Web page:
Few things survive nuclear blasts: cockroaches, Keith Richards, and now Fidel Castro. After 47 years at Cuba’s helm, Castro is approaching 80 years old and many people are AGAIN starting to speculate what is next (BBC ). It is widely believed that Fidel’s brother, Raul (who is in charge of Cuba’s military), will step in smoothly as the successor. However, others believe there will be immediate chaos. Either way, expect the U.S. to get involved.
In fact, Bush has appointed Caleb McCarry as the “transition coordinator” for Cuba, a position that has probably been around informally for a couple decades. With a dedicated budget of $59 million, McCarry’s job is to try to prevent a continued dictatorship from either Raul or other possible contenders. How this is to be accomplished is unclear and of course, too early to speculate. Yet, expect a call to spread democracy as the battle cry.
Then enter the immigration and business transitions. The eventual post-Castro Cuba and the possible-though not probably-democratized Cuba would mean that many Cuban-American’s may want to return and bring their entrepreneurship with them. In addition, business interests are already eyeing the potential markets of a post-embargo state. Yet, both of these changes are dependent upon a stable governmental regime after Fidel…but is this really possible without a shot fired?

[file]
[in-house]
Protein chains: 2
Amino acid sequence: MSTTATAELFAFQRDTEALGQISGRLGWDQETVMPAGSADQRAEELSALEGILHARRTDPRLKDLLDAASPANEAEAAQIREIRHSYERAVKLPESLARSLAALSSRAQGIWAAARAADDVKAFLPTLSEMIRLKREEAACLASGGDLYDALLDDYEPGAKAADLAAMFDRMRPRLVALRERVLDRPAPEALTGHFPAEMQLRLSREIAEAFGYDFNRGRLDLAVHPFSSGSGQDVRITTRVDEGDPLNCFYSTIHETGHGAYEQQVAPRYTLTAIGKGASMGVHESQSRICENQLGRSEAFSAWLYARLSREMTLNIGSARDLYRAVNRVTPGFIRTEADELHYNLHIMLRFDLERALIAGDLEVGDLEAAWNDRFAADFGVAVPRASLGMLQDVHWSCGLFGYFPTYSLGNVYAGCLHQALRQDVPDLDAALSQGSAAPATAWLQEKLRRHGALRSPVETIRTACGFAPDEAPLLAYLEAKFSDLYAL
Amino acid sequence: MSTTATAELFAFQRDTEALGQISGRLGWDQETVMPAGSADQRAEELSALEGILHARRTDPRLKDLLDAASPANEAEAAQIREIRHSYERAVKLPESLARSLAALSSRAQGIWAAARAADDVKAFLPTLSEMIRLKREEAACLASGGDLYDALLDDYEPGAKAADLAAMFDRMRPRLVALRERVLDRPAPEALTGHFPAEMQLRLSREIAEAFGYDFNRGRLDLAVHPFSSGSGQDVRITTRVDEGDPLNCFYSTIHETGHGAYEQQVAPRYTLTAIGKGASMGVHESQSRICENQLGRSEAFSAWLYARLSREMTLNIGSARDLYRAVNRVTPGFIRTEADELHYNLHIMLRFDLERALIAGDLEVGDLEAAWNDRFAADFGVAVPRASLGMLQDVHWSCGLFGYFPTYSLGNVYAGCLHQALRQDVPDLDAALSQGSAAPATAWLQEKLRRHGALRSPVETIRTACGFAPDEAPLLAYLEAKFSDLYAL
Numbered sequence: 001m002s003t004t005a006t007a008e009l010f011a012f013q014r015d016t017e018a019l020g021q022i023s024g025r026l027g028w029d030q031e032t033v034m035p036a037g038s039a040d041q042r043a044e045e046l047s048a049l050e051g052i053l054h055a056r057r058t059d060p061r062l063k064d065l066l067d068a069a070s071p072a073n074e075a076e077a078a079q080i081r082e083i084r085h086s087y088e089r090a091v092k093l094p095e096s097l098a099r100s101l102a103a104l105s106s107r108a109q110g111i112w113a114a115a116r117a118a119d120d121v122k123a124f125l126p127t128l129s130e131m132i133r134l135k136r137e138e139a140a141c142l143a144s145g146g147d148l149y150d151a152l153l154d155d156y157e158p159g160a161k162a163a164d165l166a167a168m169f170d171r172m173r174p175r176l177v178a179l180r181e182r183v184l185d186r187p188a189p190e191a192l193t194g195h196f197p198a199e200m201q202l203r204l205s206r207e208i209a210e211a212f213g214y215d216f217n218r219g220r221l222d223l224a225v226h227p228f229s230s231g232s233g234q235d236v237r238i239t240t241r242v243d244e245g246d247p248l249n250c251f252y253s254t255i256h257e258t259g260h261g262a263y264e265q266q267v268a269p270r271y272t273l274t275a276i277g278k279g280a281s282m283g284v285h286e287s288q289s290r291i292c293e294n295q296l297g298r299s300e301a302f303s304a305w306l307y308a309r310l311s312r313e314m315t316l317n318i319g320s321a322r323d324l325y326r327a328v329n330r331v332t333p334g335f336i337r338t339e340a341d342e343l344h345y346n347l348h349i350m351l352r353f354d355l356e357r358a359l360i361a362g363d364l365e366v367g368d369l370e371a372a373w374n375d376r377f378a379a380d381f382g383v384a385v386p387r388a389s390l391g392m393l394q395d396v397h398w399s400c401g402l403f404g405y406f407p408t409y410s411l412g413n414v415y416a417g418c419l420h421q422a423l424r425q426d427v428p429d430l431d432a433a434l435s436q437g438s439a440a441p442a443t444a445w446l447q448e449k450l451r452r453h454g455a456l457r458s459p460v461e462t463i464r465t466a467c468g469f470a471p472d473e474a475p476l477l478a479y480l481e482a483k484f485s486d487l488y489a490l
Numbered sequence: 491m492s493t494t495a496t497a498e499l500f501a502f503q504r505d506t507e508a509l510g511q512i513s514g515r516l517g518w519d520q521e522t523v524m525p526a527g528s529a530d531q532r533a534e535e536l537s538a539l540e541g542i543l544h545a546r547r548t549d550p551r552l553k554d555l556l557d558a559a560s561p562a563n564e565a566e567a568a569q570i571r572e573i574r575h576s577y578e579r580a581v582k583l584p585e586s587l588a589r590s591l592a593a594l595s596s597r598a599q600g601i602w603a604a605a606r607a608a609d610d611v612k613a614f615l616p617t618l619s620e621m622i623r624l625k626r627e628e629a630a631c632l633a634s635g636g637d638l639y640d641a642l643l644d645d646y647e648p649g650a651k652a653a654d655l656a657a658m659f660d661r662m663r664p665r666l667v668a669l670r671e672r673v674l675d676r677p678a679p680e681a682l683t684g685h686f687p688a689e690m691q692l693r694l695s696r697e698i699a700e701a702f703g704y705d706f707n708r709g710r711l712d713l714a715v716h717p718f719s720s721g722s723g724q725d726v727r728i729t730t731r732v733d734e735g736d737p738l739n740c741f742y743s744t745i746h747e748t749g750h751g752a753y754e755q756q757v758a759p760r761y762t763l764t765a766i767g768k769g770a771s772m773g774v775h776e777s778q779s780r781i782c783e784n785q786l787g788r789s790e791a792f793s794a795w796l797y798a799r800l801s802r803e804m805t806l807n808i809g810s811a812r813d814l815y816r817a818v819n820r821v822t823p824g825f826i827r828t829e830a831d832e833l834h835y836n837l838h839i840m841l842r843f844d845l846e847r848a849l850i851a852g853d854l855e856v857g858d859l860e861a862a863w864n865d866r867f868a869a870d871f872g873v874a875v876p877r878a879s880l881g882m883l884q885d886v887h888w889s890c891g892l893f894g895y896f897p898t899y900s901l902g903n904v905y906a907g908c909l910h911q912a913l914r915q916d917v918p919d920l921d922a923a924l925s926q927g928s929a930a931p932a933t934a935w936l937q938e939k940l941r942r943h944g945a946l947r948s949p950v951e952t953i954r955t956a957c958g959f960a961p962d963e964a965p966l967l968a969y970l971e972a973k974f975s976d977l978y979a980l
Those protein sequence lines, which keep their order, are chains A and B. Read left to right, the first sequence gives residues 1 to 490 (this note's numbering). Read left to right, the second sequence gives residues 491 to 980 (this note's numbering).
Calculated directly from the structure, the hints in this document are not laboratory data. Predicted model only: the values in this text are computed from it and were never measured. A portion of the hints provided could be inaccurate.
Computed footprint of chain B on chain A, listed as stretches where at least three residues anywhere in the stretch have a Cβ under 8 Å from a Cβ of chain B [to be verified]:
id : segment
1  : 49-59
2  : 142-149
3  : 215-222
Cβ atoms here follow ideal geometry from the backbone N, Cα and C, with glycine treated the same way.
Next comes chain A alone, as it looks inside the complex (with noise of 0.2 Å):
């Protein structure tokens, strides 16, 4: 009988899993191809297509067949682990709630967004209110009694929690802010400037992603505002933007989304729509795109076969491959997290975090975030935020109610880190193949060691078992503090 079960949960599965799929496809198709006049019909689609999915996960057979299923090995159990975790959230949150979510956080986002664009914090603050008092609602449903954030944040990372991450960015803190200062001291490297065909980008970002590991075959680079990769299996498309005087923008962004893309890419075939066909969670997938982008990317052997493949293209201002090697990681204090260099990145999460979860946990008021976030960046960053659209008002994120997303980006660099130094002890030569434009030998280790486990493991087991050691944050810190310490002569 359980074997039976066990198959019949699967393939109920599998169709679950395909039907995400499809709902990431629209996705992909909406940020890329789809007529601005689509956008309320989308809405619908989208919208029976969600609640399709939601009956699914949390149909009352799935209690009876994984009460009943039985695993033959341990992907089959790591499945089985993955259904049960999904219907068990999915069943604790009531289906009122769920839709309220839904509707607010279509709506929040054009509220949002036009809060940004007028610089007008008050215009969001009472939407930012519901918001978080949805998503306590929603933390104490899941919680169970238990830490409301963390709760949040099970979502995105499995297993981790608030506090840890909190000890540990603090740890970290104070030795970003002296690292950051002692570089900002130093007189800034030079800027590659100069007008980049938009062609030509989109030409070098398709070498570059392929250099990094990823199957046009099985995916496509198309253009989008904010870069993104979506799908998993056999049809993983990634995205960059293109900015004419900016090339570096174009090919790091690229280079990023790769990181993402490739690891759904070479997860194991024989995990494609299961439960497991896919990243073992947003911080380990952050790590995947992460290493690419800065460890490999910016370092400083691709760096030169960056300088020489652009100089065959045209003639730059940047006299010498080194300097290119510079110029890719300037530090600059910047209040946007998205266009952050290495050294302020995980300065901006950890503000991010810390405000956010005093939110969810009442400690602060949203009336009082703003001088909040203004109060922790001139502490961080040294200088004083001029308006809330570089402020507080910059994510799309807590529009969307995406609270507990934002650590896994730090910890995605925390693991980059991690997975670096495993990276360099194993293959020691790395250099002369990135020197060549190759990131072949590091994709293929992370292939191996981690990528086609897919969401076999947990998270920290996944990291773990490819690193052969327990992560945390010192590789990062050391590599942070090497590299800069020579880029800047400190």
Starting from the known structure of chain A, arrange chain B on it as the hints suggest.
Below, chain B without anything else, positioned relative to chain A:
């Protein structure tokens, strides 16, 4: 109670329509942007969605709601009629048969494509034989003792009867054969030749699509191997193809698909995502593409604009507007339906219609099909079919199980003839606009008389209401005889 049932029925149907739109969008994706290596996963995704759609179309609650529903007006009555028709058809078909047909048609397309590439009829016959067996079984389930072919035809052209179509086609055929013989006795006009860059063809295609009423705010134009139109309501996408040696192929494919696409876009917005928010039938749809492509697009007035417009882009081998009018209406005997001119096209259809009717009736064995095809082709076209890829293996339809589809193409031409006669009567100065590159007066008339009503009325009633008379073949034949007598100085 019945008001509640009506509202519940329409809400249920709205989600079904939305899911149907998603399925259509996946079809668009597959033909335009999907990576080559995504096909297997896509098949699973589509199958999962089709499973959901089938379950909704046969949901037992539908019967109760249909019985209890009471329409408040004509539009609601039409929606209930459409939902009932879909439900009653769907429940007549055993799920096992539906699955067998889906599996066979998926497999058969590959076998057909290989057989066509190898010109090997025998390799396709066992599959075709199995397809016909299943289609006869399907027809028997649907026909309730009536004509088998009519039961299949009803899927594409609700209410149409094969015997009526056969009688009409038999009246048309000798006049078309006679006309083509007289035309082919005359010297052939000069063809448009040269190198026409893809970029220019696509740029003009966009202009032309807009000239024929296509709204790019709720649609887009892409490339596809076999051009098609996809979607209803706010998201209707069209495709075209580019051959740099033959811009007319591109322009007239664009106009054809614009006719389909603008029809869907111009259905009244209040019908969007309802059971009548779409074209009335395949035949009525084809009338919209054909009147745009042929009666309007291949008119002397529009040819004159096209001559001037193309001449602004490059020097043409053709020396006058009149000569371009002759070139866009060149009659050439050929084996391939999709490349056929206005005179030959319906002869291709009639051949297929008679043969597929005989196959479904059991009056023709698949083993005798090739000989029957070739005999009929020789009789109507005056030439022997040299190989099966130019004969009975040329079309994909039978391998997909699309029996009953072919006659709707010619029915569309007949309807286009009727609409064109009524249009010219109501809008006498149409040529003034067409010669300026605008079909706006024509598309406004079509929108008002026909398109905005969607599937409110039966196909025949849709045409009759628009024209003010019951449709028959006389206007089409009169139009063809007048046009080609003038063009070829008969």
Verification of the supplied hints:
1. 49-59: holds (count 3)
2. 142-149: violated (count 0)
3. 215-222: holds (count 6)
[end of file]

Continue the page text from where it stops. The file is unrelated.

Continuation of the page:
The relics and scars of U.S. interventions of the 1960’s are still very real in the back of the minds of Cuban nationals and Americans. Yet, 1/3 of Cuban-American’s support an immediate armed intervention before a natural caused death; more support an intervention during succession. However, a stable but weak, communist Cuba may be more preferable to deal with than a Cuba at war with civil disrupt. Can the U.S. military support another theater of conflict or better yet, would American’s tolerate it? Nevertheless, Cuba after Castro will be an event we will get to witness, so get your cigar cutters ready. Perhaps the Sopranos will be able to accomplish what the Corleone family couldn’t after all.